TheGrio's 100: Ursula Burns, Xerox CEO, an example to be copied

TheGrio's 100 - Burns joined Xerox in 1980 as a mechanical engineering summer intern and worked her way to CEO...

Even though many of Ursula Burns’ business contemporaries knew of her 30-year affiliation with the 103-year-old office copier and printing conglomerate, her rise to the CEO position at Xerox Corporation last summer turned heads in global business and financial markets.

Perhaps unknown to Xerox customers: Burns, 51, is the first African-American woman to lead a Fortune 500 company, and the first female CEO to take over for another woman. In 2009, she ranked 9th on Fortune magazine’s 50 Most Powerful Women in Business, the second-highest placed African-American woman behind Oprah Winfrey, ranked sixth.

Obviously, neither race nor gender proved insurmountable for Burns’ ascension to Xerox’s highest office. Neither did social or economic class. Raised by a single mother who made a living ironing clothes and in childcare, Burns grew up in a Lower East Side Manhattan housing project. She attended Cathedral High School and later earned a bachelor’s degree in mechanical engineering from Polytechnic Institute of NYU and a master’s in mechanical engineering from Columbia University.

Burns joined the Norwalk, Connecticut-based Xerox in 1980 as a mechanical engineering summer intern and later started working on product development and planning, according to Xerox’s Web site. Her career path between 1992 and 2000 was swift, with Burns leading several business teams, including the office network printing business.

In 2000, she was named senior vice president of Corporate Strategic Services, heading up manufacturing and supply chain operations. She next assumed leadership of Xerox’s product development, marketing and delivery as well as global research. Xerox named Burns president and board member in April 2007; she was named chief executive officer in July 2009.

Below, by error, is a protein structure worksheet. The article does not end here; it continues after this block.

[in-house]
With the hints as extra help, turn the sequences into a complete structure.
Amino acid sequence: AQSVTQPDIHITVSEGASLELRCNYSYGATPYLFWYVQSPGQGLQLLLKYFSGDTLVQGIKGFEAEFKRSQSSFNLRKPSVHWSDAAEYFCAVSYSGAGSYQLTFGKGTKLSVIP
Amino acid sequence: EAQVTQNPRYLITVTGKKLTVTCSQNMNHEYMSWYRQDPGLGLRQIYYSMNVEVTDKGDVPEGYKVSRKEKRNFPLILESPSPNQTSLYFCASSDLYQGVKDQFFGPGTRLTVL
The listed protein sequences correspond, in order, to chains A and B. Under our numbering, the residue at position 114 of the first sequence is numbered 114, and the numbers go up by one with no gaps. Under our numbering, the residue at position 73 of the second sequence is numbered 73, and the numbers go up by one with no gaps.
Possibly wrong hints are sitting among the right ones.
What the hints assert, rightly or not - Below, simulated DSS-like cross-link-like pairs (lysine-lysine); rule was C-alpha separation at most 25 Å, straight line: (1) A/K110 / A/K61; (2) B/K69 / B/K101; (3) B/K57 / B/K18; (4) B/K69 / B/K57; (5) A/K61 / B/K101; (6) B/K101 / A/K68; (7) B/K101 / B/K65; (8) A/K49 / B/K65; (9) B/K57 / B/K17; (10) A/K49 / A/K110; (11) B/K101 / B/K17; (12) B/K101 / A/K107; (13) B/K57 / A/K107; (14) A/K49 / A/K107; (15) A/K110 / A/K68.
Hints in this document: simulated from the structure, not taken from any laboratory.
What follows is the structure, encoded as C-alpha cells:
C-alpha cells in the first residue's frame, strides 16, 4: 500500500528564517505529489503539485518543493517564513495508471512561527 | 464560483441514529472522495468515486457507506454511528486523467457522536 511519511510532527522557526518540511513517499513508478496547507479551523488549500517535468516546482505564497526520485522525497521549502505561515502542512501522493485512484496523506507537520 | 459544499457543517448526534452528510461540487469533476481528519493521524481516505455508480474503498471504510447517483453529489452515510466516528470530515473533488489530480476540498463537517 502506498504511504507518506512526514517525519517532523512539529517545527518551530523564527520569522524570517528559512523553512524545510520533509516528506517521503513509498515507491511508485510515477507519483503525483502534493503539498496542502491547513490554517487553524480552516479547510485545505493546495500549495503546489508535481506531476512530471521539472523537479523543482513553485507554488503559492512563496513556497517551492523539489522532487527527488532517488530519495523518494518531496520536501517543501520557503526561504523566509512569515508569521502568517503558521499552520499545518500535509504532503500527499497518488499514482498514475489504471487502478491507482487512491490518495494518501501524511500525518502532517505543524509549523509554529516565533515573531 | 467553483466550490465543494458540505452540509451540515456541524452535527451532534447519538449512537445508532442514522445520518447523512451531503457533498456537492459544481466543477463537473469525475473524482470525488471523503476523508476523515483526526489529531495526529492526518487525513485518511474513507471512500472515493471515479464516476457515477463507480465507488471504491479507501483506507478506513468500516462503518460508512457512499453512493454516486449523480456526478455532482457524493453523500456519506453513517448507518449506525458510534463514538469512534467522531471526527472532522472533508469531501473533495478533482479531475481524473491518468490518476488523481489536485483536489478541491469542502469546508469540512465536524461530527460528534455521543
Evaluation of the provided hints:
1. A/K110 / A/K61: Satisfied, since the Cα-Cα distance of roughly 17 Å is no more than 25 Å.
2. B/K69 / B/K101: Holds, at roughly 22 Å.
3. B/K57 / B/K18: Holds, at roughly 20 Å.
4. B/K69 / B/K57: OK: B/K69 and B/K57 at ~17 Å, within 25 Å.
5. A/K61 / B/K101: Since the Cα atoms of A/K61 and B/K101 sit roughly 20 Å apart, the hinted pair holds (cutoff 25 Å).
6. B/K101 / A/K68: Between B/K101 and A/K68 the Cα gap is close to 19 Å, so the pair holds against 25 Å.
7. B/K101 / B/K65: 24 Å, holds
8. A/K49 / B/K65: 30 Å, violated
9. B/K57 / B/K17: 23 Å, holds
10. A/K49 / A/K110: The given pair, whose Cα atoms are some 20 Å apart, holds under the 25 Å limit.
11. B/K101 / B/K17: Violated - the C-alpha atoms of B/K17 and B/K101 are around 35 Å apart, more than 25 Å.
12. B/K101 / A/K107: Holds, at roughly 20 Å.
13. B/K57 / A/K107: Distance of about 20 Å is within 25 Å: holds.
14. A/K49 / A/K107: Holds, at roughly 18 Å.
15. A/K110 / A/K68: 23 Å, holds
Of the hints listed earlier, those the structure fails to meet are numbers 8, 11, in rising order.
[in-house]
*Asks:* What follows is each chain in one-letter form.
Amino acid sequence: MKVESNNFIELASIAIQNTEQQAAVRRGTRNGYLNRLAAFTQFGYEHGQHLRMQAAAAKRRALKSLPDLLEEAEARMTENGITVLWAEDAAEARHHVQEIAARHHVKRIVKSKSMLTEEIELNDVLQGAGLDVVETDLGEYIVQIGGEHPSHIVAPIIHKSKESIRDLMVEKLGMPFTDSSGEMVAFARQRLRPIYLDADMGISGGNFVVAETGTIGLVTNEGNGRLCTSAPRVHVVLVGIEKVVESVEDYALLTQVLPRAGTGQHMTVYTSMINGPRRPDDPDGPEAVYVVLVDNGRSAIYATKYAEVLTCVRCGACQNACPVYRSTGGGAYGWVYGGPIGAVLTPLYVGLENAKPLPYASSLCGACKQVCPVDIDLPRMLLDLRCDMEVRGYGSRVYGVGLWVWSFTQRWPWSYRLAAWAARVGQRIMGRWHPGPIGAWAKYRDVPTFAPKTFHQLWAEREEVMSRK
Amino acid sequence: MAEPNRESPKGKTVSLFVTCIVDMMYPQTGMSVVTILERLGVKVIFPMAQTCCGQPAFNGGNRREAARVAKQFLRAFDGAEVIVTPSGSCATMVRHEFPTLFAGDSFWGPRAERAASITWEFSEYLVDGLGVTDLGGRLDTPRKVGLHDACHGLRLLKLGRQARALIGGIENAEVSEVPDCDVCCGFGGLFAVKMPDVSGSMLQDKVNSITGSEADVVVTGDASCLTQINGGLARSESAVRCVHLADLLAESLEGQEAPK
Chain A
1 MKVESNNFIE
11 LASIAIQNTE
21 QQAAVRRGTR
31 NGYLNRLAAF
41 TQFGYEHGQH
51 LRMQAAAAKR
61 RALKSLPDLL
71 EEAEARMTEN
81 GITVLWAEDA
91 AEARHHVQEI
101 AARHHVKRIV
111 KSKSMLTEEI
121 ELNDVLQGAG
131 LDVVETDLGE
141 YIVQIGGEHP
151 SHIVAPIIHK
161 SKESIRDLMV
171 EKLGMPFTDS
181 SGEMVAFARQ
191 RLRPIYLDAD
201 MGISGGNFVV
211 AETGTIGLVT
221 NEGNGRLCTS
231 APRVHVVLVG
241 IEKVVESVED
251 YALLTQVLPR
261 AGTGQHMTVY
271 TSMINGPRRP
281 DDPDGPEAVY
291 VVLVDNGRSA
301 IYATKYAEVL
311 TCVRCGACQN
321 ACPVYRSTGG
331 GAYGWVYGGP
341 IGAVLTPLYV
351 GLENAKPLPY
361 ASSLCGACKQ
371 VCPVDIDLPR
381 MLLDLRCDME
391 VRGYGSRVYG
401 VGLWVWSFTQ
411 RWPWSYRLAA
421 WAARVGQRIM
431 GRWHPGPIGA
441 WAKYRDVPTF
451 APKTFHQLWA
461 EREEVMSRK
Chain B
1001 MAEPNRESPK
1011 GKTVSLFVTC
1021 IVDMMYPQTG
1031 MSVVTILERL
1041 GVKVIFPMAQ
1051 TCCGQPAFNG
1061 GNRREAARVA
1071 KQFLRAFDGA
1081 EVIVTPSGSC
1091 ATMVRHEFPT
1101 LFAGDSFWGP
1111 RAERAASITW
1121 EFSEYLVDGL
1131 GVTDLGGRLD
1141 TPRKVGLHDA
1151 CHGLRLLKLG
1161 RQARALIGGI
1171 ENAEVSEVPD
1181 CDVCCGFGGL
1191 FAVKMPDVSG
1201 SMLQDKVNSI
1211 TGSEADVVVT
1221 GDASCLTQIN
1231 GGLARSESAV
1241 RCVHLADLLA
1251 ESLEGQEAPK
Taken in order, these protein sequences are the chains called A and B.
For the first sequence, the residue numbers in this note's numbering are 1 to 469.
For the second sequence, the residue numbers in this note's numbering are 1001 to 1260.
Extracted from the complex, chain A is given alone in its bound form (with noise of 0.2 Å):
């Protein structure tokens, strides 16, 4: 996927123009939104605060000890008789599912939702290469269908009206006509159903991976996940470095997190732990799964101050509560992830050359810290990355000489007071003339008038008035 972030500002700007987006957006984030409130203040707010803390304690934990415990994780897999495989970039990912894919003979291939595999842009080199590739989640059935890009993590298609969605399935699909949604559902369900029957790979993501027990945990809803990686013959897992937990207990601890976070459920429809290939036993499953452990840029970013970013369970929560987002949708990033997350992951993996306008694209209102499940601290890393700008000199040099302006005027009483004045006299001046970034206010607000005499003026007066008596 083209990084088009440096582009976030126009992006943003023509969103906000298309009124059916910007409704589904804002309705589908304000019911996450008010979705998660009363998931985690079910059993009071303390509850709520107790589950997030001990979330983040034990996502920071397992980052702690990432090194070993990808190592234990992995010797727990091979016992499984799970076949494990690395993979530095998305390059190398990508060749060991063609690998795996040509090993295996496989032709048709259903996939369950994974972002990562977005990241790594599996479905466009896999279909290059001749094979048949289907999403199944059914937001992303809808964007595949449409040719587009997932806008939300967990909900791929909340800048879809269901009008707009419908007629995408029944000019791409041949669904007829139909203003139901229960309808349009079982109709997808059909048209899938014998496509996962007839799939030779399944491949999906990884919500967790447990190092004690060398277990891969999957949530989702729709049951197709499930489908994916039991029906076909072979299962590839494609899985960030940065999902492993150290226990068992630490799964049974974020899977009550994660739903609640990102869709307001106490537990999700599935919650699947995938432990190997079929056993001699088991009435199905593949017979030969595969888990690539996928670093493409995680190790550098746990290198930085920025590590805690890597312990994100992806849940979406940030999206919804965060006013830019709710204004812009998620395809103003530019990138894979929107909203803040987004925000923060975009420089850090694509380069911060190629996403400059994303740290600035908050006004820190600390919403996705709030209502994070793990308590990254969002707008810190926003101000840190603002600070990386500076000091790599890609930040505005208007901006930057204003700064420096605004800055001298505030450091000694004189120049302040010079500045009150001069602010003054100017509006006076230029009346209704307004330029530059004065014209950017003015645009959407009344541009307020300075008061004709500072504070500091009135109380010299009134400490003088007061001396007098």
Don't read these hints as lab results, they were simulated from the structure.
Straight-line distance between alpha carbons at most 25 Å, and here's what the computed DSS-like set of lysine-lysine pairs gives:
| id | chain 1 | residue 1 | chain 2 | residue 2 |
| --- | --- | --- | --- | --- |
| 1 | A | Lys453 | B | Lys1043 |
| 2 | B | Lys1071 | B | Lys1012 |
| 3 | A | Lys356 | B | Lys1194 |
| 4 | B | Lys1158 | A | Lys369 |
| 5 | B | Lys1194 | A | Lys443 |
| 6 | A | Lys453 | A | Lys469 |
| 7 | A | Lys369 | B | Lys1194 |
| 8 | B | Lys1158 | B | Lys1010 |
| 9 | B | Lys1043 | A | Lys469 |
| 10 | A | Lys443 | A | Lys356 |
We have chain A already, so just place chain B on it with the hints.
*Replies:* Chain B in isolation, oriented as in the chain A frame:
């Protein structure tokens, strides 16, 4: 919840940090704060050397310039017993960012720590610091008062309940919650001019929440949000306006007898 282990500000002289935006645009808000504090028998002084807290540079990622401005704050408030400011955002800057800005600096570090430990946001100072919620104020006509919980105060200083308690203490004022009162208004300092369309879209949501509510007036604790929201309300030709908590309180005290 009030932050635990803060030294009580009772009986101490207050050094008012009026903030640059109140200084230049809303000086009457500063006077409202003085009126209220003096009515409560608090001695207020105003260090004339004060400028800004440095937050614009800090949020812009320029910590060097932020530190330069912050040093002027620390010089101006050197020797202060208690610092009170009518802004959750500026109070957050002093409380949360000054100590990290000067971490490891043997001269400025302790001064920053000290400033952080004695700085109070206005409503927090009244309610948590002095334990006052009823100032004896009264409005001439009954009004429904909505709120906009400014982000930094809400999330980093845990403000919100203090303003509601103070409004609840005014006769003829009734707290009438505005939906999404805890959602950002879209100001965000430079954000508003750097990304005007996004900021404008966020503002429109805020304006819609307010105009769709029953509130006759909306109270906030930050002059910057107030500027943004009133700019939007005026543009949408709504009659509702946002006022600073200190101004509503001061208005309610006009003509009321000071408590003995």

Ms. Burns was featured in a February 2010, Sunday New York Times cover article, where she discusses her career, her views on corporate diversity and education, and her role in shaping the future of Xerox.

Xerox employs 54,000 people; it is the world’s leading document management, technology and services enterprise, along with consulting and outsourcing services. In October 2009, the company reported third-quarter total revenue down 16 percent from the previous year, but “the company is on track to reduce total debt by more than $1 billion this year,” states a company report.

This year, Xerox plans to acquire Dallas-based Affiliated Consumer Services (ACS), a $6.5-billion company that employs 76,000 people and supports multinational corporations and government agencies in 100 countries. Xerox shareholders will vote this month on the merger.

Burns sat down with CNBC’s Squawk Box in September 2009 to announce and discuss the proposed acquisition:

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Burns’ bold quest for ACS is characteristic for Xerox, a company that has a long history of being bold in several areas, suggests George C. Fraser, author of Success Runs In Our Race: The Complete Guide to Effective Networking in the African-American Community. Although he firmly states that there is no such thing as an “affirmative action CEO,” Fraser credits Xerox for having long nurtured some of the best black executive talent in America.

“Ursula is brilliant,” he says. “If Xerox decides to swallow up a slightly bigger fish (ACS) after having evaluated and done its analysis, then I put my money on Ursula,” says Fraser.

Burns serves on professional and community boards, including American Express, Columbia University’s Center on Addiction and Substance Abuse, FIRST (For Inspiration and Recognition of Science and Technology), MIT, the U.S. Olympic Committee and the University of Rochester. Burns was also named in November by President Barack Obama to help lead the White House’s STEM program on science, technology, engineering and math.

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